The Dark Triad is the name assigned when three types of personality disorder manifest in one person. They are: narcissism, Machiavellianism, and psychopathy. They are different, yet have underlying traits in common.
Having someone in your family, or trying to maintain a relationship with a person who exhibits traits of the dark triad, is challenging to say the least. Dealing with just one of these types is difficult enough, but when the three are present it may mean you have to make choice between them and your own mental well-being.
The 12-point Markers of the Dark Triad
Psychologists, Peter Jonason and Gregory Webster (2010) put together what they term, ‘the dirty dozen’ checkpoints that indicate the presence of the dark triad. They are:
- Manipulates others to get their way.
- Lacks remorse.
- Wants others to admire them.
- Unconcerned with the morality of their actions.
- Uses deceit or lies to get their way.
- Callous or insensitive.
- Uses flattery to attain the compliance of others.
- Seek prestige or status.
- Exploits others for their own gains
- Expects special favors from others.
- Wants others to pay attention to them.
Each point is rated 1-7, giving scores between 12 and 84. After testing a number of college students in 2013, Jonason and Webster calculated an average score of 36. Anyone with a score higher than 45 would be considered high on the dark triad spectrum.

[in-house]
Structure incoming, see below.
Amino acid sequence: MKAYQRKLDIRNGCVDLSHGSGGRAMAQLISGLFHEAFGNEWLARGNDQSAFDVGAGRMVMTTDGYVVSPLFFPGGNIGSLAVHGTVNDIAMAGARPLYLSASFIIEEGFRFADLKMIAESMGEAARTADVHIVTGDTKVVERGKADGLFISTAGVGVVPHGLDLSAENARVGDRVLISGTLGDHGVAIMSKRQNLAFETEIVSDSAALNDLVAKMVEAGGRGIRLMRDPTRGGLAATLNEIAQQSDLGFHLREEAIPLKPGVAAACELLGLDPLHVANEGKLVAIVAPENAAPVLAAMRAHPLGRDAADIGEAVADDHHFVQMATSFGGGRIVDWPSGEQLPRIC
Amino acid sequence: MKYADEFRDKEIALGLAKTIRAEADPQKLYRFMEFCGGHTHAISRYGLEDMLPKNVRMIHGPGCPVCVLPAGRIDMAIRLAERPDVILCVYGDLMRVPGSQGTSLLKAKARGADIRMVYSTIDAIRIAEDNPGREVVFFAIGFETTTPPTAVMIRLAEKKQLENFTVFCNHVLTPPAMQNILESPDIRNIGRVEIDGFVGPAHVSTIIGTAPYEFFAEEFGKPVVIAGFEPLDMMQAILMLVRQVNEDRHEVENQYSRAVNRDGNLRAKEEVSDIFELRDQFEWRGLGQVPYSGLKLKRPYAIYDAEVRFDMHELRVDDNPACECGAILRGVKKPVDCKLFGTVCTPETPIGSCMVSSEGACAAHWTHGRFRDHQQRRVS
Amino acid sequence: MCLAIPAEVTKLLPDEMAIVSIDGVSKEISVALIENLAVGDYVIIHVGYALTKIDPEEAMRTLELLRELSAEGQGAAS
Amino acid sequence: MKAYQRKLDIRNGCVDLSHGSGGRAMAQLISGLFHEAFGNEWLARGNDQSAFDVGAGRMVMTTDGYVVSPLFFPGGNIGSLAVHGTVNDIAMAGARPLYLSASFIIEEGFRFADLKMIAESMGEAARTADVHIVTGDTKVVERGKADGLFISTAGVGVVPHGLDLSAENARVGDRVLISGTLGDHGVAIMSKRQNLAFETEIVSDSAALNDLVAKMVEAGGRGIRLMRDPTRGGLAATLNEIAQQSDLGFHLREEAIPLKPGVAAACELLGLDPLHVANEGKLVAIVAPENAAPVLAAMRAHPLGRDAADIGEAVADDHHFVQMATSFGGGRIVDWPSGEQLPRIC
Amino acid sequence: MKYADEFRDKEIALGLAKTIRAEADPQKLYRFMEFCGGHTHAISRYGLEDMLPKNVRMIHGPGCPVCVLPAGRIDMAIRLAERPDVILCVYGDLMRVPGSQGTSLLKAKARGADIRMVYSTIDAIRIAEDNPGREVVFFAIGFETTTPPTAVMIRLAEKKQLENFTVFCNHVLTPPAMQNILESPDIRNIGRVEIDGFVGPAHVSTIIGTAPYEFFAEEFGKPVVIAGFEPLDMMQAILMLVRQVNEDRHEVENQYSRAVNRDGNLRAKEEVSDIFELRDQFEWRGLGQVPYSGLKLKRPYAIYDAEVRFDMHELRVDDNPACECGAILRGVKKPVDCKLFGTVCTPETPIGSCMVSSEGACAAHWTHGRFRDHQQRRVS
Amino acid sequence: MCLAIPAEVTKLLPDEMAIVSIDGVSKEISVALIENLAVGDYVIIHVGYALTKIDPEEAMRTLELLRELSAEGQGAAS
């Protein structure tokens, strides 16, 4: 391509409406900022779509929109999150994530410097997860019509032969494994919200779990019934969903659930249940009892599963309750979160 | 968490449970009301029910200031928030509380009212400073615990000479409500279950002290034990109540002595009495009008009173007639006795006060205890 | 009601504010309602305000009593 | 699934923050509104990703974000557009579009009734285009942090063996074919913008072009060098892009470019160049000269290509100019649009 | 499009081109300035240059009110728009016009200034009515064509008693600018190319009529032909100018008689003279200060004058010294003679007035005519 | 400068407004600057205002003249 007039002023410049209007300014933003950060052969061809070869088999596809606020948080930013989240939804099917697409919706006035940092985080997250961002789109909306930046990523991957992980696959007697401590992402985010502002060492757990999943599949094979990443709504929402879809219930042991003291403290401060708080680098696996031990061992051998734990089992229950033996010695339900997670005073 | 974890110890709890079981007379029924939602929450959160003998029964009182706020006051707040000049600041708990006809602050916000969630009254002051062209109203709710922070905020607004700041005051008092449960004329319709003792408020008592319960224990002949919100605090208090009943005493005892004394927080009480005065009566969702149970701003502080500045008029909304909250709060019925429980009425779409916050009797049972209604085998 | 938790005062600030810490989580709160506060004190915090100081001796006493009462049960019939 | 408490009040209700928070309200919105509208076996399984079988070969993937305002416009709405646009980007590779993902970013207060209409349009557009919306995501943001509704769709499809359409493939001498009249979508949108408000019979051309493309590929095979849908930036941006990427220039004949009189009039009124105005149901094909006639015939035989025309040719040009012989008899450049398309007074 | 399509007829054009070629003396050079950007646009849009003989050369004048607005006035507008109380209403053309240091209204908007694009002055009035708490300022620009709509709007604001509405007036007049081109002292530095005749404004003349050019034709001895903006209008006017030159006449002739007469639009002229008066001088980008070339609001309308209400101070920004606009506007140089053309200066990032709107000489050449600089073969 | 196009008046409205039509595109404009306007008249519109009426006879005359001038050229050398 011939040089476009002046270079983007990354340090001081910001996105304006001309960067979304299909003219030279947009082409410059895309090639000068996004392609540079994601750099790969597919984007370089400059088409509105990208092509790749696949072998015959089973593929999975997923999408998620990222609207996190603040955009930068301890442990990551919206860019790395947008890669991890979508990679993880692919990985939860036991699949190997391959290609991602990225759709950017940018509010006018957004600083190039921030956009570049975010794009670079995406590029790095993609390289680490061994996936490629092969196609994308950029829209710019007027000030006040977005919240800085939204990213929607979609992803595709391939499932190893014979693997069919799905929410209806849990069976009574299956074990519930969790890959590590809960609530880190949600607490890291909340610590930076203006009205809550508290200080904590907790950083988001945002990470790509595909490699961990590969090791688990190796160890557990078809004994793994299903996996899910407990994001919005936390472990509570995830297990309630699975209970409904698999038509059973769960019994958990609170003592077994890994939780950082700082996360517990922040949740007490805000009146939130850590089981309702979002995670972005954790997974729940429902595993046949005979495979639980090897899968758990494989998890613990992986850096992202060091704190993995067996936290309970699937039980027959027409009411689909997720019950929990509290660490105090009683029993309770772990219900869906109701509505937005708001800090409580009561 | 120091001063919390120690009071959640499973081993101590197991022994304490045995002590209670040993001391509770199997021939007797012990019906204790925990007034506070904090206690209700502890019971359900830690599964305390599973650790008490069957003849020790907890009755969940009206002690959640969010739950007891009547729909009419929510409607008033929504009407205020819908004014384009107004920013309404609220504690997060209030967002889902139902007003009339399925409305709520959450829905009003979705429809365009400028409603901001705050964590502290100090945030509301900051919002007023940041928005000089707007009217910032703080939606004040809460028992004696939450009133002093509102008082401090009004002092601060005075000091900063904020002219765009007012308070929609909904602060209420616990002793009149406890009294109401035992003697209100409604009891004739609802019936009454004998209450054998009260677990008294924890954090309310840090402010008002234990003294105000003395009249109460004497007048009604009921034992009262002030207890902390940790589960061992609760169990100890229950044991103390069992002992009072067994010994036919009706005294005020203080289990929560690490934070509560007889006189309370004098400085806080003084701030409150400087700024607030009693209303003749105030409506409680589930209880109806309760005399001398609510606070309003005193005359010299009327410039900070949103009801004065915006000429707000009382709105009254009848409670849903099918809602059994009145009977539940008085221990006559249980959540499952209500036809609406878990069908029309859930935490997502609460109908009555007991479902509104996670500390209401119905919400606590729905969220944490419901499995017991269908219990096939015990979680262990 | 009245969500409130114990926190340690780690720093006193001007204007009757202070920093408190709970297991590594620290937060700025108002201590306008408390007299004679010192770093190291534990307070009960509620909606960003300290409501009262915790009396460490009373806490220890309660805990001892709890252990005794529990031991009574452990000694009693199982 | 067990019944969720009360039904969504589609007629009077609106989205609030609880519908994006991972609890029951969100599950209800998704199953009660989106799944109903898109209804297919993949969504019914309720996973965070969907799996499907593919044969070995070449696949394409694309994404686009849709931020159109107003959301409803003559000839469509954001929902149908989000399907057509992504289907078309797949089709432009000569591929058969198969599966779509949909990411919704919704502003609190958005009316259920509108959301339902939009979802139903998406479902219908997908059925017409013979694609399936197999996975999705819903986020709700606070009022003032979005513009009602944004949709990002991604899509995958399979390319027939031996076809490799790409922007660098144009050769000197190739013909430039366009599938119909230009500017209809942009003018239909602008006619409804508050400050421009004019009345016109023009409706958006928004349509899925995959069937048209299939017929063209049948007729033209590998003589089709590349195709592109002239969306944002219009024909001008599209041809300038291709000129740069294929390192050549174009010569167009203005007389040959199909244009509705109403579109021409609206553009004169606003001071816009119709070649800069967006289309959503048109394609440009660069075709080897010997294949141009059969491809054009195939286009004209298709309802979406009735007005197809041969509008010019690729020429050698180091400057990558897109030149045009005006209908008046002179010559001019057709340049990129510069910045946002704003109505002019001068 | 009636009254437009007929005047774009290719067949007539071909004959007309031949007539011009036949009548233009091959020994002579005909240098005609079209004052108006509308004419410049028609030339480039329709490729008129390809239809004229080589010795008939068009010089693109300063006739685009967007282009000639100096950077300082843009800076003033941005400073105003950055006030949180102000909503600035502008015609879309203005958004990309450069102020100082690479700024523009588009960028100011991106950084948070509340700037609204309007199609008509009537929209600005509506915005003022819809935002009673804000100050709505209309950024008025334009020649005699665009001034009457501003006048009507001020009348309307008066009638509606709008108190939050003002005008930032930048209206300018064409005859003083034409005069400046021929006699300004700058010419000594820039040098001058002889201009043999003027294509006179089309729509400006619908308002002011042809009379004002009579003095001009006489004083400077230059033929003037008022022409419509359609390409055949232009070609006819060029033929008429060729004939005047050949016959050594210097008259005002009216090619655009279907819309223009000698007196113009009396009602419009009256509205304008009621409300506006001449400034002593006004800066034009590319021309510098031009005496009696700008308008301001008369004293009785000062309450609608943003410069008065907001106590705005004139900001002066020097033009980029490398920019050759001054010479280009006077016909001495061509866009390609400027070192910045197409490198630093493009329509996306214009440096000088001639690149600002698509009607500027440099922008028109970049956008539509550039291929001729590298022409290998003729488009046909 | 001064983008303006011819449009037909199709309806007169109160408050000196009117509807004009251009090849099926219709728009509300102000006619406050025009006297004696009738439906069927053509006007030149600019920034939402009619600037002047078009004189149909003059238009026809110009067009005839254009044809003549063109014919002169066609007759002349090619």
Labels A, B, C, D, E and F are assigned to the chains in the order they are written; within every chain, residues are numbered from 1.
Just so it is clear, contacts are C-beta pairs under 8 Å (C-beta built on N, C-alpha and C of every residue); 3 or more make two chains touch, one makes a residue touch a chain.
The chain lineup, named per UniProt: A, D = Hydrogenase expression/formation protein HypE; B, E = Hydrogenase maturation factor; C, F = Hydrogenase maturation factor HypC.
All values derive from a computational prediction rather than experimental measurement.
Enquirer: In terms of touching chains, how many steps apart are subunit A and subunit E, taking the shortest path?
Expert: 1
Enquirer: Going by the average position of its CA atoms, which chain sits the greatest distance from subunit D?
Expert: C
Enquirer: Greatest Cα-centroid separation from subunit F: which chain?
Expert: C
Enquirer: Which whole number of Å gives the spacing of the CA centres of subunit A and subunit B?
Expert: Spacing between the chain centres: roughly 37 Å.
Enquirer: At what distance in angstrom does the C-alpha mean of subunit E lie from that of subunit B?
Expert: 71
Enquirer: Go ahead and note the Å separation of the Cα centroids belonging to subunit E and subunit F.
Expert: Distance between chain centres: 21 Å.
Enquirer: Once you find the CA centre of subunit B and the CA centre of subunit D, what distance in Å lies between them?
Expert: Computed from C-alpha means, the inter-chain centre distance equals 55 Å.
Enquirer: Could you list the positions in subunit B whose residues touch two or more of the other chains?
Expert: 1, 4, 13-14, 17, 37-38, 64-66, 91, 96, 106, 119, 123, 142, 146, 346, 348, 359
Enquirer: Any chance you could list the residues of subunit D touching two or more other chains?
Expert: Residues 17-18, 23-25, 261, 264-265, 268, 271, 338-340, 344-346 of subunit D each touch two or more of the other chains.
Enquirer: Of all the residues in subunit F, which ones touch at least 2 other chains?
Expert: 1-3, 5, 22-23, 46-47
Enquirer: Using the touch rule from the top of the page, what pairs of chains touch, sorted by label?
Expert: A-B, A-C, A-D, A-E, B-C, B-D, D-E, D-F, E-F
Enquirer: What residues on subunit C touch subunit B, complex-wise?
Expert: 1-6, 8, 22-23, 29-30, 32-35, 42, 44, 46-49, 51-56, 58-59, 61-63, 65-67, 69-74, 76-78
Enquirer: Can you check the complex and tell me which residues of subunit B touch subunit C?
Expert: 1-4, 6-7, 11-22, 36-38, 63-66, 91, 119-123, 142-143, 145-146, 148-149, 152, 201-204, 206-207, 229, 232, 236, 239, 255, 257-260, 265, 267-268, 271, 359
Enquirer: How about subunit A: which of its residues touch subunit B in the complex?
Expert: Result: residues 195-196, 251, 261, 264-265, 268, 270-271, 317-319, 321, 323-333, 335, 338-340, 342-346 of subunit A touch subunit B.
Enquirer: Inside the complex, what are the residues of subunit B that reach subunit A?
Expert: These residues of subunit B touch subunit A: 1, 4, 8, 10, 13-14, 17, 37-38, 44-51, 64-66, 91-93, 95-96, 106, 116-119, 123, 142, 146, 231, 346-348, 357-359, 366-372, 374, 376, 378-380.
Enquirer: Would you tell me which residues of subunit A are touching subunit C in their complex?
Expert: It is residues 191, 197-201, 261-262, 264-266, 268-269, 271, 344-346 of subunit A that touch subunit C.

The three aspects are reflected in the questions, as follows:
- Questions 1, 5, 7, 10 are Machiavellian.
- Questions 2, 4, 6, 9 are psychopathic.
- Questions 3, 8, 11, 12 are narcissistic.
That means you could determine whether someone leaned more towards one or two aspects. It’s possible to work out your own score, but a dark triad person would have difficulty in rating themselves.
The Machiavellian Personality
Named after Niccolo Machiavelli (1469-1527), who wrote ‘The Prince’, a satirical political treatise about how to rule a country and get people to do what you want. The Machiavellian personality is calculating, duplicitous, conniving, and deceptive. Machiavelli himself proposed that all generally accepted virtuous actions and characteristics could be ignored if treachery and deceit got the desired results. In other words, the ends justifies the means.
The Narcissistic Personality
Based on the myth of Narcissus who fell in love with himself after catching sight of his own reflection, narcissists have an inflated sense of their own superiority. They are usually grandiose, display a lack of empathy, and need validation from others to boost their own quite fragile sense of self-worth. Narcisistic traits are the least damaging of the three. In many cases, their charm, attention to appearance, and conscientiousness are quite desirable.
The Psychopathic Personality
Much harder to spot, at least initially, the psychopathic personality is fascinating to psychologists, movie makers, and fiction writers alike. Psychopathic traits include, lack of empathy, complete disregard for other people, volatility, and anger. It is often linked to the sociopathic personality, but it’s thought that the psychopath is born with these tendencies, and their subsequent upbringing often pushes them to extremes. The sociopathic personality is formed due to circumstances and is less extreme in expression.